Fixed-fee leasehold conveyancing in Lea Bridge:

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Frequently asked questions relating to Lea Bridge leasehold conveyancing

I wish to rent out my leasehold apartment in Lea Bridge. Conveyancing solicitor who did the purchase is retired - so can't ask her. Do I need to ask my freeholder for permission?

Some leases for properties in Lea Bridge do contain a provision to say that subletting is only allowed with permission. The landlord cannot unreasonably withhold but, in such cases, they would need to review references. Experience suggests that problems are usually caused by unsatisfactory tenants rather than owner-occupiers and for that reason you can expect the freeholder to take up the references and consider them carefully before granting permission.

I am looking at a couple of apartments in Lea Bridge which have about 50 years unexpired on the leases. Should I regard a short lease as a deal breaker?

There are no two ways about it. A leasehold flat in Lea Bridge is a deteriorating asset as a result of the shortening lease. The closer the lease gets to zero years unexpired, the more it adversely affects the value of the property. The majority of purchasers and banks, leases with less than 75 years become less and less attractive. On a more positive note, leaseholders can extend their leases by serving a Section 42 Notice. One stipulation is that they must have owned the premises for two years (unlike a Section 13 notice for purchasing the freehold, when leaseholders can participate from day one of ownership). When successful, they will have the right to an extension of 90 years to the current term and ground rent is effectively reduced to zero. Before moving forward with a purchase of a residence with a short lease term remaining you should talk to a solicitor specialising in lease extensions and leasehold enfranchisement. We are are happy to put you in touch with Lea Bridge conveyancing experts who will explain the options available to you during an initial telephone conversation free of charge. More often than not it is possible to negotiate informally with the freeholder to extend the lease They may agree to a smaller lump sum and an increase in the ground rent, but to shorter extension terms in return. You need to ensure that any new terms represent good long-term value compared with the standard benefits of the Section 42 Notice and that onerous clauses are not inserted into any redrafting of the lease.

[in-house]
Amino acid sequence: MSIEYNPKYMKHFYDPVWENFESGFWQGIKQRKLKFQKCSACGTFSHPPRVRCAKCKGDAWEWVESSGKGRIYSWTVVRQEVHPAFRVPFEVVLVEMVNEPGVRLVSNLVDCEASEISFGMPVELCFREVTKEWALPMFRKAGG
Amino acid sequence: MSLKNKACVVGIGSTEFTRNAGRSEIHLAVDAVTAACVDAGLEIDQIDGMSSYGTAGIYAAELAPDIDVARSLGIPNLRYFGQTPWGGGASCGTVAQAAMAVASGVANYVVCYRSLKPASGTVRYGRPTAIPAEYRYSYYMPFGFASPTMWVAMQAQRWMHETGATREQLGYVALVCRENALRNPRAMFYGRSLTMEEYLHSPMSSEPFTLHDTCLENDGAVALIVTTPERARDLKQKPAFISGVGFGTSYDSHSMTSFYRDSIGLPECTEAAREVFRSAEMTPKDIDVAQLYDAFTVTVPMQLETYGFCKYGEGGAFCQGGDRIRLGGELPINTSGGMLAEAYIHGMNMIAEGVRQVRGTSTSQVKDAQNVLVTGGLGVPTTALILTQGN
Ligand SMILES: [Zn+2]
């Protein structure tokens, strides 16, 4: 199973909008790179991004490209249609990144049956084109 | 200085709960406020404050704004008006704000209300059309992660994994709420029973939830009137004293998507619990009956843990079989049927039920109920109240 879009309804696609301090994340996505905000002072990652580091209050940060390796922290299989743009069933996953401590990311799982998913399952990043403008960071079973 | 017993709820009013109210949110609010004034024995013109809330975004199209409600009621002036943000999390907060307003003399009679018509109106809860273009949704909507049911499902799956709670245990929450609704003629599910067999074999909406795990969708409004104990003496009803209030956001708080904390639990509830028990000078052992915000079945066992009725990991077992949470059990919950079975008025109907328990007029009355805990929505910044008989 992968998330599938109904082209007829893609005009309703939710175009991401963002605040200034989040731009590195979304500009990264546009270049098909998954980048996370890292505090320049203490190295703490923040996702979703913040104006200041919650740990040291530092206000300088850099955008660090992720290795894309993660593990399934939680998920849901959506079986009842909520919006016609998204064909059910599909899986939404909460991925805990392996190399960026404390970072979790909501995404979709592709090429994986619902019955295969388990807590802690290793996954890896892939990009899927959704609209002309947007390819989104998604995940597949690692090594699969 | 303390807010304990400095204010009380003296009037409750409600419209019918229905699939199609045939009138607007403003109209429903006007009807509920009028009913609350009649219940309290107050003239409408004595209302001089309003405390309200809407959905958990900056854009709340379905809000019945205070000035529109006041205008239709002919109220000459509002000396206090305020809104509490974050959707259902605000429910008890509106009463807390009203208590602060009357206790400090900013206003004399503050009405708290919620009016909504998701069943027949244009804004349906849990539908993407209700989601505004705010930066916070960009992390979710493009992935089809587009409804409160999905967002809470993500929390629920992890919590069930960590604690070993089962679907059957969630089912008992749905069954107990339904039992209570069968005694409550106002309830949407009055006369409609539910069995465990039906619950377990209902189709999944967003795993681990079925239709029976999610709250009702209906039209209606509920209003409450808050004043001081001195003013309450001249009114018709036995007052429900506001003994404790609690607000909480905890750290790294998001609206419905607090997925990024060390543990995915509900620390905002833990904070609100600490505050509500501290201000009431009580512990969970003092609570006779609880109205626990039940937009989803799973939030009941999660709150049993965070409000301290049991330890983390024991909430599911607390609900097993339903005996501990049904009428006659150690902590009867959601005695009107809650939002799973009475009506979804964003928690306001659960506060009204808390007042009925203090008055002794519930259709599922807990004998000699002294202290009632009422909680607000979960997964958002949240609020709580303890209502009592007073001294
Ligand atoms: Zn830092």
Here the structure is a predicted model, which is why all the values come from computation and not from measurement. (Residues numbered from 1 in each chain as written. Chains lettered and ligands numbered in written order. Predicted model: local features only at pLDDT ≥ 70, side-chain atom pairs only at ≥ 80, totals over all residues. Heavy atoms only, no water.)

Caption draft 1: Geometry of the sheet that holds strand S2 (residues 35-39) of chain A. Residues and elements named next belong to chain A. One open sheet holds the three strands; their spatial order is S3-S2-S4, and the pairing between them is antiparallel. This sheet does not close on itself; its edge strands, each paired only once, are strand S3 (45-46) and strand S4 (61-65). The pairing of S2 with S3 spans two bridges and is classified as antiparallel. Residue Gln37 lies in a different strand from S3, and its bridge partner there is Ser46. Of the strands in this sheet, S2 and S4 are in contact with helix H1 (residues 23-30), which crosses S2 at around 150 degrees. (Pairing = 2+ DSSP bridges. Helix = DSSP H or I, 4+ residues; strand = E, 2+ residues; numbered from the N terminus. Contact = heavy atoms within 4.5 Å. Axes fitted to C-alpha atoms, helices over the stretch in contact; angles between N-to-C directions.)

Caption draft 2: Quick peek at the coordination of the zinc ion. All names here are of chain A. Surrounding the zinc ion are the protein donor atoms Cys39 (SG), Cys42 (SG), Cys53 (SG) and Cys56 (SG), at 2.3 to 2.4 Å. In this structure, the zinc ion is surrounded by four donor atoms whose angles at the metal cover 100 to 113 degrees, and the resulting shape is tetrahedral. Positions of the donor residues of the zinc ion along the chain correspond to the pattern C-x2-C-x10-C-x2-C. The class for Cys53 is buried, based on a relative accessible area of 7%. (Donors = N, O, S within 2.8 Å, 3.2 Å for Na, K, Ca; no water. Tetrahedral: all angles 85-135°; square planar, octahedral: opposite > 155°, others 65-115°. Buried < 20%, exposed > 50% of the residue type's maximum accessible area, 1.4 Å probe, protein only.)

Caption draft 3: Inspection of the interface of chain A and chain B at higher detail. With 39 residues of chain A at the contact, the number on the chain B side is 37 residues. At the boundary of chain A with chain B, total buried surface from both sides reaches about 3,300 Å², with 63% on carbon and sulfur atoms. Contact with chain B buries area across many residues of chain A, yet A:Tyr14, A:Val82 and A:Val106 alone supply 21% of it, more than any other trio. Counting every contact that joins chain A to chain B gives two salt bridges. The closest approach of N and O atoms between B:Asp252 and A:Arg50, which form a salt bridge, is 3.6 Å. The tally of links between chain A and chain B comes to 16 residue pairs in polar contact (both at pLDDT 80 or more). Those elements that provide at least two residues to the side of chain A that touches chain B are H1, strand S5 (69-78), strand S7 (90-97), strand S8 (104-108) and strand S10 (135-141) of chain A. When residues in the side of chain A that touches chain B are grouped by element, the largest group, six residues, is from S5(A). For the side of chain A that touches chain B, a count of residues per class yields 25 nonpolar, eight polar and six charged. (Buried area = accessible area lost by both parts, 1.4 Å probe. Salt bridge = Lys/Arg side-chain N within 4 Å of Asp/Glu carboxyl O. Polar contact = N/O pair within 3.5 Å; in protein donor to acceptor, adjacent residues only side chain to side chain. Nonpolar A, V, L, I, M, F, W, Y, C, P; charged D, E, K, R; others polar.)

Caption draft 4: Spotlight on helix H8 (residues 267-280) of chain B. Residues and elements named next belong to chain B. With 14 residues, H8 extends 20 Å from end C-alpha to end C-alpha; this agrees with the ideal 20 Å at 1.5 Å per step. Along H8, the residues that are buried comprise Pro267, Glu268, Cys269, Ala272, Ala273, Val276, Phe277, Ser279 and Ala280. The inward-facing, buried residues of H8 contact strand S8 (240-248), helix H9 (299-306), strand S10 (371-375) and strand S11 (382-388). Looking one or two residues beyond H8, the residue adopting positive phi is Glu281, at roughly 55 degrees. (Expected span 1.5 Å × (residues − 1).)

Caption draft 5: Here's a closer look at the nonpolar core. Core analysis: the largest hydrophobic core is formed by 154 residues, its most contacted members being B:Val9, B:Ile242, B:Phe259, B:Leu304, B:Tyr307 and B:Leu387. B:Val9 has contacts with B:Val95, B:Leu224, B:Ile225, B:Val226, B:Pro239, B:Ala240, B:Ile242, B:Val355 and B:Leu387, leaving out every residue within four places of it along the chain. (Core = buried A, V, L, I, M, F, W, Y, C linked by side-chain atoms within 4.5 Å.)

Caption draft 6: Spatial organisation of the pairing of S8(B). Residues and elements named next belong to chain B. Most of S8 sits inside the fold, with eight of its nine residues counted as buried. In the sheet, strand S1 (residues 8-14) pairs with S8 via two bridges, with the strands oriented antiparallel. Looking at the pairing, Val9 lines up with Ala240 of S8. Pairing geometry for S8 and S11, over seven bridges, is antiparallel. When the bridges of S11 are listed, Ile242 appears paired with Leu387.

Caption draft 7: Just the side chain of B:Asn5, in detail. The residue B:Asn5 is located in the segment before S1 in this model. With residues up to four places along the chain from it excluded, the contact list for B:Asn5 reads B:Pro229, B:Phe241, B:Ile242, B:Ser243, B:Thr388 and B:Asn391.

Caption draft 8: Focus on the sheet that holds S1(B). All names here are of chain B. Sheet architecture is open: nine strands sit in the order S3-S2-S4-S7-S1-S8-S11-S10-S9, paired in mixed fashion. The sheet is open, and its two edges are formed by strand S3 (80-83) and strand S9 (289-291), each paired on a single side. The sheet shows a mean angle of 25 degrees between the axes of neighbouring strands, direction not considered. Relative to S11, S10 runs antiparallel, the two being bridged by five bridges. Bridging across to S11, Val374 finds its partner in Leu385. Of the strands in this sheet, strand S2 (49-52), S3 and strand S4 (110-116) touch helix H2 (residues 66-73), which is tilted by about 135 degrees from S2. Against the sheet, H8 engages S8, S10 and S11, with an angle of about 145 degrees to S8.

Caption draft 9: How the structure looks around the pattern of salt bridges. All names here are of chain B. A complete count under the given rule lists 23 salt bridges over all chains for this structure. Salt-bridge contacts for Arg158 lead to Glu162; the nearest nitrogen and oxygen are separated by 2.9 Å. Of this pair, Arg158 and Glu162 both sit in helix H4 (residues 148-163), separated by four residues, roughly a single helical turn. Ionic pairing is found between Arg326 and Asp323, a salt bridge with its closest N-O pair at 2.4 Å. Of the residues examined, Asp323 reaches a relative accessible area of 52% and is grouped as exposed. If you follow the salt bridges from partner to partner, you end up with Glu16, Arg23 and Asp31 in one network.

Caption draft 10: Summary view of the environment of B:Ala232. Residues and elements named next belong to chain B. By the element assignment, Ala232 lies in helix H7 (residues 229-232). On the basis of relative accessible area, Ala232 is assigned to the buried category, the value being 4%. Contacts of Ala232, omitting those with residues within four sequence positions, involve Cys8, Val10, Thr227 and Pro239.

I've recently bought a leasehold house in Lea Bridge. Do I have any liability for service charges for periods before completion of my purchase?

Where the service charge has already been demanded from the previous lessee and they have not paid you would not usually be personally liable for the arrears. However, your landlord may still be able to take action to forfeit the lease. A critical element of leasehold conveyancing for your conveyancer to ensure to have an up to date clear service charge receipt before completion of your purchase. If you have a mortgage this is likely to be a requirement of your lender.